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When hiring an attorney, look for experience, interpersonal communications skills, a commitment to professionalism and advocacy for their clients. The relationship between a client and their attorney includes a fiduciary duty on part of the attorney. This means that the attorney must put the client’s interest above their own. If you have an attorney who doesn’t promptly respond to your communications or acts with indifference to your case, you should probably find someone with whom you can work better. At the end of your case there will only be one settlement or award and you won’t ever get a chance to come back later for another bite at the apple. If you lawyer is neglecting your concerns and not answering your questions, you should consider seeking out different counsel because these behaviors will continue to occur throughout the duration of your case.

Wrongful Death Settlements: What They Look Like

Settlements are usually a compromise between the two parties. With settlements, neither side receives everything they sought to gain from the case. Settlements aim to please both sides while minimizing the losses and risks involved. At the start of a negotiation during a settlement, the insurance company for the guilty party will only offer small amounts of financial compensation. Insurance companies offer small amounts in the beginning to see if you are willing to accept a lesser dollar amount. Once past this stage, insurance companies will often make offers that are designed to have a value to them that parts with money now in an effort to eliminate the possibility of paying more later. They determine the value of compensation by looking at the case in full. It can become very difficult to determine the appropriate compensation amount because cases are complicated and every incident is unique. Prior to agreeing to something in a settlement, you should have an idea of the minimum value which you are willing to settle for and accept as compensation. The types of damage that can occur as a result of wrongful death cases include the following:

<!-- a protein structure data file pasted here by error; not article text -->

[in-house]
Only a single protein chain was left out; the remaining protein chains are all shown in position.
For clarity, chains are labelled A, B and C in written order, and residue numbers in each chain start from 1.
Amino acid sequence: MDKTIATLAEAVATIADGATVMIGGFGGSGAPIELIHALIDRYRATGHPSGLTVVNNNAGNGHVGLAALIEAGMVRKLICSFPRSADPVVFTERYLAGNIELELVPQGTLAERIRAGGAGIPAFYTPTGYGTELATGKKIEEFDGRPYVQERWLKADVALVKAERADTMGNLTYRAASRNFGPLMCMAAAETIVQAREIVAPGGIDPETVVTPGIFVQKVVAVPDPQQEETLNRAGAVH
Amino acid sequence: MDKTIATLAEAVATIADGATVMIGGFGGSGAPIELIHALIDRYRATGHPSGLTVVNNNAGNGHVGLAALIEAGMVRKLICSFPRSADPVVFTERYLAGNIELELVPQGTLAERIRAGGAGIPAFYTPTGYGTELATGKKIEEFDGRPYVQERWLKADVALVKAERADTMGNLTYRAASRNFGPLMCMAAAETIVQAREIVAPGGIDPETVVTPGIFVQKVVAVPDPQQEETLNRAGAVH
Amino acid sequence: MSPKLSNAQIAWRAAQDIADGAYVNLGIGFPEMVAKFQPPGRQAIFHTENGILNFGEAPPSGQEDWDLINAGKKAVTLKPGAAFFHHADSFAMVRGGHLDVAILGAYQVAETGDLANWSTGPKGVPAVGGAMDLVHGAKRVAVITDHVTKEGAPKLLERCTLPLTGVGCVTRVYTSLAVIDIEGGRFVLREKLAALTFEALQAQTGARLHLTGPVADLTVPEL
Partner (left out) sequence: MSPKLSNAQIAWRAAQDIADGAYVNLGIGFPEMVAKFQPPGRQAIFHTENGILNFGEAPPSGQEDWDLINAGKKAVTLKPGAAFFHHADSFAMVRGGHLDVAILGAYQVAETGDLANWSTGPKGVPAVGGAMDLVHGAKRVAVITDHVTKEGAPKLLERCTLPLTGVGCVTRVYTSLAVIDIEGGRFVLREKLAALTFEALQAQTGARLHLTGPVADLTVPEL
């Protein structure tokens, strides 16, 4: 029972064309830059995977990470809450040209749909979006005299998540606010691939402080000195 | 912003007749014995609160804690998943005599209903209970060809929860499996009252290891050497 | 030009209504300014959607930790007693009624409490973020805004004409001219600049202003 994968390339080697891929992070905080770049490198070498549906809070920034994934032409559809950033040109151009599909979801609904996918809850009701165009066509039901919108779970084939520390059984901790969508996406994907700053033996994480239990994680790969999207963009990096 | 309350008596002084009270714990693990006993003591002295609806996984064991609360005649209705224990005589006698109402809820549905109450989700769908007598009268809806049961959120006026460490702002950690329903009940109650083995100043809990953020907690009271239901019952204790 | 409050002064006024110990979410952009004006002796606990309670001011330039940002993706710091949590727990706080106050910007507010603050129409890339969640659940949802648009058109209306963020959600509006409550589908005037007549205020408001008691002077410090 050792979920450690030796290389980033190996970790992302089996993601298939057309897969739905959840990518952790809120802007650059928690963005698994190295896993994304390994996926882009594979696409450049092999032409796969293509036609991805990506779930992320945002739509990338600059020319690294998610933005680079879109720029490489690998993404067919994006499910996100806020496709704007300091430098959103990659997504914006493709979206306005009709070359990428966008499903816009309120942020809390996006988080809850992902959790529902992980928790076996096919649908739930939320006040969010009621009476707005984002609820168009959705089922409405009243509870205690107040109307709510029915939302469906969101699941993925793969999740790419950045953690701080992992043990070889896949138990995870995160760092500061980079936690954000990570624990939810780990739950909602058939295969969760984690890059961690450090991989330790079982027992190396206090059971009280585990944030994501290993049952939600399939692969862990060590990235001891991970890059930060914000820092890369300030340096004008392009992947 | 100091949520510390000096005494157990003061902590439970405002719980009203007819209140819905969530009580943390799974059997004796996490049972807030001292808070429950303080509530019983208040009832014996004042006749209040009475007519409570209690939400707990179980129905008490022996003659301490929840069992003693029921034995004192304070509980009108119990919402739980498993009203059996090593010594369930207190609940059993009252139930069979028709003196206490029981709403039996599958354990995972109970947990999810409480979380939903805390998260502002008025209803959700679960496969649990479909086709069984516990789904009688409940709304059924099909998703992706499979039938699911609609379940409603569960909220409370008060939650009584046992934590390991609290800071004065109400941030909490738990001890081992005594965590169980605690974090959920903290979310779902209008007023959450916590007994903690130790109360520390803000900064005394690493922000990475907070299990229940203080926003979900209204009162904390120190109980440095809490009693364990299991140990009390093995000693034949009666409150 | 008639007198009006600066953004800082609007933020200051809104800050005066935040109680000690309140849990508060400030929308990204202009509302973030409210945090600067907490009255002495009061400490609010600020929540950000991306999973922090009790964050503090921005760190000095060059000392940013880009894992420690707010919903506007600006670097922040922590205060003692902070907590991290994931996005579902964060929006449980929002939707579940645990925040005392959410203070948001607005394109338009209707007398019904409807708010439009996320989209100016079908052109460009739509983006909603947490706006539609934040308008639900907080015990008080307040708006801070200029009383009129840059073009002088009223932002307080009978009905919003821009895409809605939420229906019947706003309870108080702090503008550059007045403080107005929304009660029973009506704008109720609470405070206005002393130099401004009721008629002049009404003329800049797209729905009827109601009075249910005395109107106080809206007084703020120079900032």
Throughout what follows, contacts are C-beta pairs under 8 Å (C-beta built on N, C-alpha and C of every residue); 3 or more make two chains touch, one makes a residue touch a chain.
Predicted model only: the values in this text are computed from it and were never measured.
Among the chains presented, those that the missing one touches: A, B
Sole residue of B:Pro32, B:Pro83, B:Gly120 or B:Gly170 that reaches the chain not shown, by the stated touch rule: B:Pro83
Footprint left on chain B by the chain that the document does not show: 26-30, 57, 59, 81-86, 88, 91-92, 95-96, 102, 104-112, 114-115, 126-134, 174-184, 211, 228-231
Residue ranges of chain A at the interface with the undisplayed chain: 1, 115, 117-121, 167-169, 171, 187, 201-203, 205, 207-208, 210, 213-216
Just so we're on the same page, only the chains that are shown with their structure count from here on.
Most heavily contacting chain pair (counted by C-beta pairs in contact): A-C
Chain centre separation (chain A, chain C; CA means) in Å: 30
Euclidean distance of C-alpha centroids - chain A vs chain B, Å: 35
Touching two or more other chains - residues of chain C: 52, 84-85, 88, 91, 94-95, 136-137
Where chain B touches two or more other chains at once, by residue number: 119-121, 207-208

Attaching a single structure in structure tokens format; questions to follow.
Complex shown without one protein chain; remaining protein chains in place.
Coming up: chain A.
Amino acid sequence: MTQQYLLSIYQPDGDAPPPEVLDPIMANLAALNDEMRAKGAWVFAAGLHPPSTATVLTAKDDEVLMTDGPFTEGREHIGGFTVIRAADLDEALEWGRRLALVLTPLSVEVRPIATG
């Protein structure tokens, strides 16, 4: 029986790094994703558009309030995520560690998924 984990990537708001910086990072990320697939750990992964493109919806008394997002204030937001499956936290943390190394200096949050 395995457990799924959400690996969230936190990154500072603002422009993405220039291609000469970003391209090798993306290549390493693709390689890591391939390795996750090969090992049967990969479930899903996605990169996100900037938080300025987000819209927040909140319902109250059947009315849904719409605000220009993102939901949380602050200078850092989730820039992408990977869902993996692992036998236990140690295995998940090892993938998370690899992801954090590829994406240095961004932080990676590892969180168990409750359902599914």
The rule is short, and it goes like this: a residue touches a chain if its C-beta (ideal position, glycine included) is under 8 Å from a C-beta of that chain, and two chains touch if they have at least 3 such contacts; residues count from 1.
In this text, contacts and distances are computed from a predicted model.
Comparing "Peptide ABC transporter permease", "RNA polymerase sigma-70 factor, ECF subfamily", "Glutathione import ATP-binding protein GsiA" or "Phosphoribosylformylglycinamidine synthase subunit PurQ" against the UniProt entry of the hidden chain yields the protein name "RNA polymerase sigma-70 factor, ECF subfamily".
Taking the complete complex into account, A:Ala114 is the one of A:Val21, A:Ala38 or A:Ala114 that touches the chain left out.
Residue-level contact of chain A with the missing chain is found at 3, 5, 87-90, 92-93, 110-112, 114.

• Loss of companionship to immediate family;
  • Pre-death pain, suffering and terror;
  • Wage loss, both past and future;
  • Damage to property which includes not only vehicles but also clothing, glasses, any tangible item of value that had to be repaired or replaced;
  • Medical bills

Wrongful Death Cases: Settling a Case

Some cases might take less time to resolve and conclude than others, the reason being that every case is so different. In wrongful death cases, the damages being sought are often of great monetary value. The loss of a life and its effects upon that person’s immediate family can be devastating. It is more likely that the guilty party and his/her insurance provider will face more disagreements with the victim’s family if the death was extremely sudden and out of nowhere. Because the negligent party has such high monetary exposure, they have a corresponding incentive to fight to try to reduce that exposure. The more there is to fight over, the more likely that a lawsuit will be involved. Lawsuits are very slow processes. In King County, it takes an average of one year and six months for a case to just reach a trial date. Not all counties are this quick either.

How to Set Up a Free Consultation